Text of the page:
Saturday 13 December 2014

Post Workout Nutrition

Antioxidant Defences: Get Your Cysteine

Glutathione is a tripeptide synthesised from cysteine, glutamic acid and glycine. Glutathione is the primary water soluble antioxidant in both animal and plant tissues and in this role it protects cells from damage by oxidative stress. Glutathione can function as an effective water soluble antioxidant because of the presence of a sulphur group in its structure. This sulphur can donate a hydrogen to reduce other compounds, and in doing so becomes oxidised itself. Studies show that glutathione levels are associated with health and so chronic oxidative stress than can deplete cellular levels of glutathione may be the underlying cause of many diseases of Western origin. Physical exercise is also able to deplete cellular stores of glutathione. Generally if enough rest is provided between training sessions glutathione stores recover and may even improve through supercompensation. However, chronic overtraining that provides inadequate recovery periods may cause long term depletion of glutathione stores and this may explain the disease associated with the stress of exhaustive physical activity.
Antioxidants in the diet may be able to boost cellular levels of glutathione. This relates to the way antioxidants interact. Dietary intakes of vitamin C for example have been shown to spare cellular glutathione and thus increase tissue levels of glutathione. Another way to increase cellular levels of glutathione is to increase dietary intakes of the amino acid cysteine. Cysteine is the rate limiting amino acid for glutathione synthesis and so poor glutathione status in combination with inadequate cysteine in the diet retards the synthesis of glutathione and cellular levels drop. During periods of chronic oxidative stress, cysteine may become conditionally essential due to its role in the synthesis of glutathione. One way to increase dietary intakes of cysteine is by taking the supplement N-acetyl-L-Cysteine (NAC). Supplements of NAC have been shown to be effective at promoting glutathione synthesis. Another way to boost cellular glutathione is to increase intakes of dietary proteins that are high in cysteine. Whey protein is particularly high in cysteine and thus may replete cellular levels of glutathione.

Sunday 7 December 2014

Kava: The Best Anxiety Cure?

Kava (Piper methysticum) is a perennial shrub that belongs to the pepper family. It is recognisable by its 5 to 10 inch long heart shaped leaves. However, while the visible parts of the kava plant are interesting from a botanical point of view, nutritionally it is the roots of the plants that can be used medicinally. The roots of the kava plant are thick, tuberous and knotty and can be extensive. The roots by dry weight contain around 45 % starch, 12 % water, 3.5 % simple sugars and 3.5 % protein. In addition the kava root contains around 3.5 % minerals, most of which is potassium. The origins of the kava plant are not known, but it is thought to have been spread through the South Sea Islands by Polynesian explorers in canoes. Kava drinking ceremonies are traditional amongst the Oceanic people (Pacific Islanders) of islands such as Fiji, Samoa and Tonga. These kava ceremonies still form part of the tradition of these islands.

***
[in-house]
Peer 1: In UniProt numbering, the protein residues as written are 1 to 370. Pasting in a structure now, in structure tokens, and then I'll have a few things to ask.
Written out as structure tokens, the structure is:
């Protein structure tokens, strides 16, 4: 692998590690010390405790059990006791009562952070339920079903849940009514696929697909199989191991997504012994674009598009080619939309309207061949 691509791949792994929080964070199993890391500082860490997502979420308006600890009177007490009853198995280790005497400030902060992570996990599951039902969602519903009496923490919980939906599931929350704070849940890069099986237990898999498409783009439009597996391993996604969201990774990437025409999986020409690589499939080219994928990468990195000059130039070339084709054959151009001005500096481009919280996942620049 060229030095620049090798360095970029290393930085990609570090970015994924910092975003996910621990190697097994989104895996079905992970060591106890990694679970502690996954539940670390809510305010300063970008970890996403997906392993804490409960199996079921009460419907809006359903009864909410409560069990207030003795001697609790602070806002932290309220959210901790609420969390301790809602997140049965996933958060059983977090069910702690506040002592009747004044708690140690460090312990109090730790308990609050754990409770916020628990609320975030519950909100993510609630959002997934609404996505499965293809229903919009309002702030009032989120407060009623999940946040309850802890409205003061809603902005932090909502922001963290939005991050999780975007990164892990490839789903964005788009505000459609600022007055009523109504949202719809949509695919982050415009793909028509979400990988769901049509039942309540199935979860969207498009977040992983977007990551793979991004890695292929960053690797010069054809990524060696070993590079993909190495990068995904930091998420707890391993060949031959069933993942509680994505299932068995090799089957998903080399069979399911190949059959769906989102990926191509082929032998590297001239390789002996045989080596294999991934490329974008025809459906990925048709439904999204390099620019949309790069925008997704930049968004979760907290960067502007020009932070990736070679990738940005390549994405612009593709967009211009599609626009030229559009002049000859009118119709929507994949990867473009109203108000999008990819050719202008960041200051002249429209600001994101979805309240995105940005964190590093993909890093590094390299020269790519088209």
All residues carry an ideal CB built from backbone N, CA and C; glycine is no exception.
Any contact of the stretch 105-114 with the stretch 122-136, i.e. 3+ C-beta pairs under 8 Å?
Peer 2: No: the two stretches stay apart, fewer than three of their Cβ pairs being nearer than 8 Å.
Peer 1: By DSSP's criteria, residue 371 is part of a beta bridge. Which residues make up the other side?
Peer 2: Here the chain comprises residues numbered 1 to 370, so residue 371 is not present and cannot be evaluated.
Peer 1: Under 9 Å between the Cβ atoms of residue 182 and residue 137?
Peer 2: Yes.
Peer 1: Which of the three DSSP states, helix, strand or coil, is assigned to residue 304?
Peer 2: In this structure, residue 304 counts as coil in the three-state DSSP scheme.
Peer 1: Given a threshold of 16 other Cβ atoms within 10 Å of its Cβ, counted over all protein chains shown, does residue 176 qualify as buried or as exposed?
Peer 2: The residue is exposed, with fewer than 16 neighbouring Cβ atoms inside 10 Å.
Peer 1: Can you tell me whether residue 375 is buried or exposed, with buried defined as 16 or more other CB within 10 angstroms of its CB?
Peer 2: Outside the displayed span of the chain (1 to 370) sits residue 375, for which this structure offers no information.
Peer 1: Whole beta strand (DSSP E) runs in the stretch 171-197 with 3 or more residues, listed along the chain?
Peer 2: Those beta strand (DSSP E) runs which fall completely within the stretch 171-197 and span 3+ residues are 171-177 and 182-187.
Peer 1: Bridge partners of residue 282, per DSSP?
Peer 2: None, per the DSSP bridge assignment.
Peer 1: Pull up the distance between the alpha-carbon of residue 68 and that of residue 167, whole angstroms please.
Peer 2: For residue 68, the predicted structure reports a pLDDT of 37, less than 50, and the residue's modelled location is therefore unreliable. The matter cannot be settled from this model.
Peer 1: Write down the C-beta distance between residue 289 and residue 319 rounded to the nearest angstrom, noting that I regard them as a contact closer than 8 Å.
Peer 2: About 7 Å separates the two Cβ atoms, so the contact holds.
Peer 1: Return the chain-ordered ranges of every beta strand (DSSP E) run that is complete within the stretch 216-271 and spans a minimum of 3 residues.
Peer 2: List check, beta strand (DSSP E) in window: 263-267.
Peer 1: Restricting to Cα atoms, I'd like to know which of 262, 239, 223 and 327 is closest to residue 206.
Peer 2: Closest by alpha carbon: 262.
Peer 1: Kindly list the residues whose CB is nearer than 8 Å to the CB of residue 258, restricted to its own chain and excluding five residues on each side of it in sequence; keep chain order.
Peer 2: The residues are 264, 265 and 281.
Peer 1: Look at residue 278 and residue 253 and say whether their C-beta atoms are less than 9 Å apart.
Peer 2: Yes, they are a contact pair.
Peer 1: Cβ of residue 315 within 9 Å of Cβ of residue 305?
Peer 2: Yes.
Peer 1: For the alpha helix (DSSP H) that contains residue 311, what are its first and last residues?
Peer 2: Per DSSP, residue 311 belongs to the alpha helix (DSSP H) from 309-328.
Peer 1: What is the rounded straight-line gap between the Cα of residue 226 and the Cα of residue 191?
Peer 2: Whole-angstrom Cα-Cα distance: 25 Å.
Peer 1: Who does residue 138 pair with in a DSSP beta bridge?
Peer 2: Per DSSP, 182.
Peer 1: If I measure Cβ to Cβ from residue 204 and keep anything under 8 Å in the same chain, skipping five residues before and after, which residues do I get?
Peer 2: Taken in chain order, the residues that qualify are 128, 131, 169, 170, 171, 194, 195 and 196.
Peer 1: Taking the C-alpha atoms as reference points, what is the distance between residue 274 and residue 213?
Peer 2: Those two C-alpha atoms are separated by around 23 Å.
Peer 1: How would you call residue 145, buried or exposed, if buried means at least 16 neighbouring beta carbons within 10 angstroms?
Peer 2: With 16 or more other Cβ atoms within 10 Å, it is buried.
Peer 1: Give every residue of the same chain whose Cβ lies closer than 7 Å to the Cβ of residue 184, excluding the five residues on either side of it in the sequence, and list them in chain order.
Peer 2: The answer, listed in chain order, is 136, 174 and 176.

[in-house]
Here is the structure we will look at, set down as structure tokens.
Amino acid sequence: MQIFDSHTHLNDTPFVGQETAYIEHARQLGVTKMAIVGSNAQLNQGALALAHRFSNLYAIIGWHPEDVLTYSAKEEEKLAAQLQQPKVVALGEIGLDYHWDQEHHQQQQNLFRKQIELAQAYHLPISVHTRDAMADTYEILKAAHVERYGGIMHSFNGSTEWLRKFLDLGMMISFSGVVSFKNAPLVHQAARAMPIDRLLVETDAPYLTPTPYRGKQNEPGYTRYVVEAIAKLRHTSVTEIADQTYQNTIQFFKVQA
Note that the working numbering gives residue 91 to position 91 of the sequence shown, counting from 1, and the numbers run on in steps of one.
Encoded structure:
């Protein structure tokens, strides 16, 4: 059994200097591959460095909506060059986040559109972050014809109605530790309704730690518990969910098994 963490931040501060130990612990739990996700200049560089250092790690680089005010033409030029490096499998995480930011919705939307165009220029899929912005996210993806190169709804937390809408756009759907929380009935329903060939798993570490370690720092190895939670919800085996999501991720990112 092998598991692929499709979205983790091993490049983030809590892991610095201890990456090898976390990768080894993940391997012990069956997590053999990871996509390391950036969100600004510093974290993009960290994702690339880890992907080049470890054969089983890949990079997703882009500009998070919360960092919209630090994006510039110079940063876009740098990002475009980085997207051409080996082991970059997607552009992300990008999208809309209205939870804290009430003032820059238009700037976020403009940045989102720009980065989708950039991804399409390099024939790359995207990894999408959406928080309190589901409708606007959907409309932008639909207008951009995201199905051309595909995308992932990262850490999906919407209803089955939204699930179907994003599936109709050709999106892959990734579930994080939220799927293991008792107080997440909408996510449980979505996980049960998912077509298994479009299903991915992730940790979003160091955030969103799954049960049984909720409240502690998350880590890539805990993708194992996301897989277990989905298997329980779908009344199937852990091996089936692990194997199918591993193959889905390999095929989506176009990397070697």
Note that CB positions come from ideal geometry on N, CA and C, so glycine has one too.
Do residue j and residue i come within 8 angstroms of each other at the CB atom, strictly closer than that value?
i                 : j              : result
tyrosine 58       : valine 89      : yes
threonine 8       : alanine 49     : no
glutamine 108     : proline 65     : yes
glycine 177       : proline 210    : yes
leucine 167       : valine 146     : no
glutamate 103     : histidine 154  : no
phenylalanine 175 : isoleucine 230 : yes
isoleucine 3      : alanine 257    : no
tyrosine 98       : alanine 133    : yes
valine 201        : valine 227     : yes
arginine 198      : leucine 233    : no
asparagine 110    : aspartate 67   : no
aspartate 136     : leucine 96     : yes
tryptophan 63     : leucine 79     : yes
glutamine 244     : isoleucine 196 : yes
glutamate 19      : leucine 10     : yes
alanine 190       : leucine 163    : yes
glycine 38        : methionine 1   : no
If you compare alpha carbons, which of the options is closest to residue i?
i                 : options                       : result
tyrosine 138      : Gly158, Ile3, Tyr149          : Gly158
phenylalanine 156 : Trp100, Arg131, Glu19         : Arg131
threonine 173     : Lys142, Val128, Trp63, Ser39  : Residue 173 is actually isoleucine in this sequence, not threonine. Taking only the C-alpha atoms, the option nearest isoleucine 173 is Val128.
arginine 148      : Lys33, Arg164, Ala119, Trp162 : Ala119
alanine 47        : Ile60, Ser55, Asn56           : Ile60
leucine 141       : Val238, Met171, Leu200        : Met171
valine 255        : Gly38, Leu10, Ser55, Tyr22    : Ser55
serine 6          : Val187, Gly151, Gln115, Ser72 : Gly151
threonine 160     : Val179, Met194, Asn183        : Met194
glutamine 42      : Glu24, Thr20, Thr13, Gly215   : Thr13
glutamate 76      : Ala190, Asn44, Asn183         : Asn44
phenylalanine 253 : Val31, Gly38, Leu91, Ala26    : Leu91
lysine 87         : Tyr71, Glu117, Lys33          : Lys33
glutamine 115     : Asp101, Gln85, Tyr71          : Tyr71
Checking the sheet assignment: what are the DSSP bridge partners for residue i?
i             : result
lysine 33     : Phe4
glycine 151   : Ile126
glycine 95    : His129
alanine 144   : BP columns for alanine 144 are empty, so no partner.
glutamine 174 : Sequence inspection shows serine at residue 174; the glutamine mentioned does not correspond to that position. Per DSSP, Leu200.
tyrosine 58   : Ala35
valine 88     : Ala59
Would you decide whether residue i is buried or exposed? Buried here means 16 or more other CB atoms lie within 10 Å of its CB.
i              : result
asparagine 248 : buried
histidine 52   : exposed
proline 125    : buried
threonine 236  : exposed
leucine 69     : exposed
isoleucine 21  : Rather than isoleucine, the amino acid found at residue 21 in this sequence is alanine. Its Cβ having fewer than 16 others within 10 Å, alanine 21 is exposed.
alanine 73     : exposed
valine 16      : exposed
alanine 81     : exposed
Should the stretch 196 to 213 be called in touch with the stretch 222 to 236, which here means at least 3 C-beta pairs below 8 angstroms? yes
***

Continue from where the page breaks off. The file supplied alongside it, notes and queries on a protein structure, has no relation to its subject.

Kava is traditionally used as a treatment for anxiety, and it is believed that the active ingredients that provide some of the anxiolytic effect of kava are chemicals called kavalactones. However, as crude extracts of kava may have better effects against anxiety compared to isolated kavalactones, is is likely that other components within the roots of the kava plant contribute to the medicinal properties. Drinking kava tea made from a decoction of the roots in hot water provides a feeling of contentment and relaxation. Most pharmaceutical anxiolytic drugs work by binding to receptors of the inhibitory neurotransmitter GABA. This then decreases neuronal excitation causing a relating effect. However, kavalactones may work via an alternative route. Animal studies for example show that kavalactone alter receptor domains, and are not able to bind to the GABA receptor. Clinical studies using standardised extracts of kavalactones containing D, L-kavain (a purified kavalactone) have proven effective at treating anxiety in human subjects.
Kavalactone may actually have an effect on the limbic system of the brain, the primitive brain that is thought to be the initiator of emotional feeling. In addition, unlike pharmaceutical drugs, kava does not lose effectiveness over time, and is not associated with side effects at reasonable doses other than the ability to induce sleep (which is not really a side effect). Very high doses of kava over prolonged periods can cause dry skin on the hands and feet, something that is reversible on cessation of kava. Kava can also reduce the sensation of pain, but it does not bind to opioid receptors and so again the mechanisms of action is not clear. The kavalactone content of kava root varies between 3 and 20 percent, and this may affect the neurochemical effects seen. While tablets are available containing kavalactones, it is generally recommended that the whole root is consumed due to the possible anxiolytic contribution of other components in the root.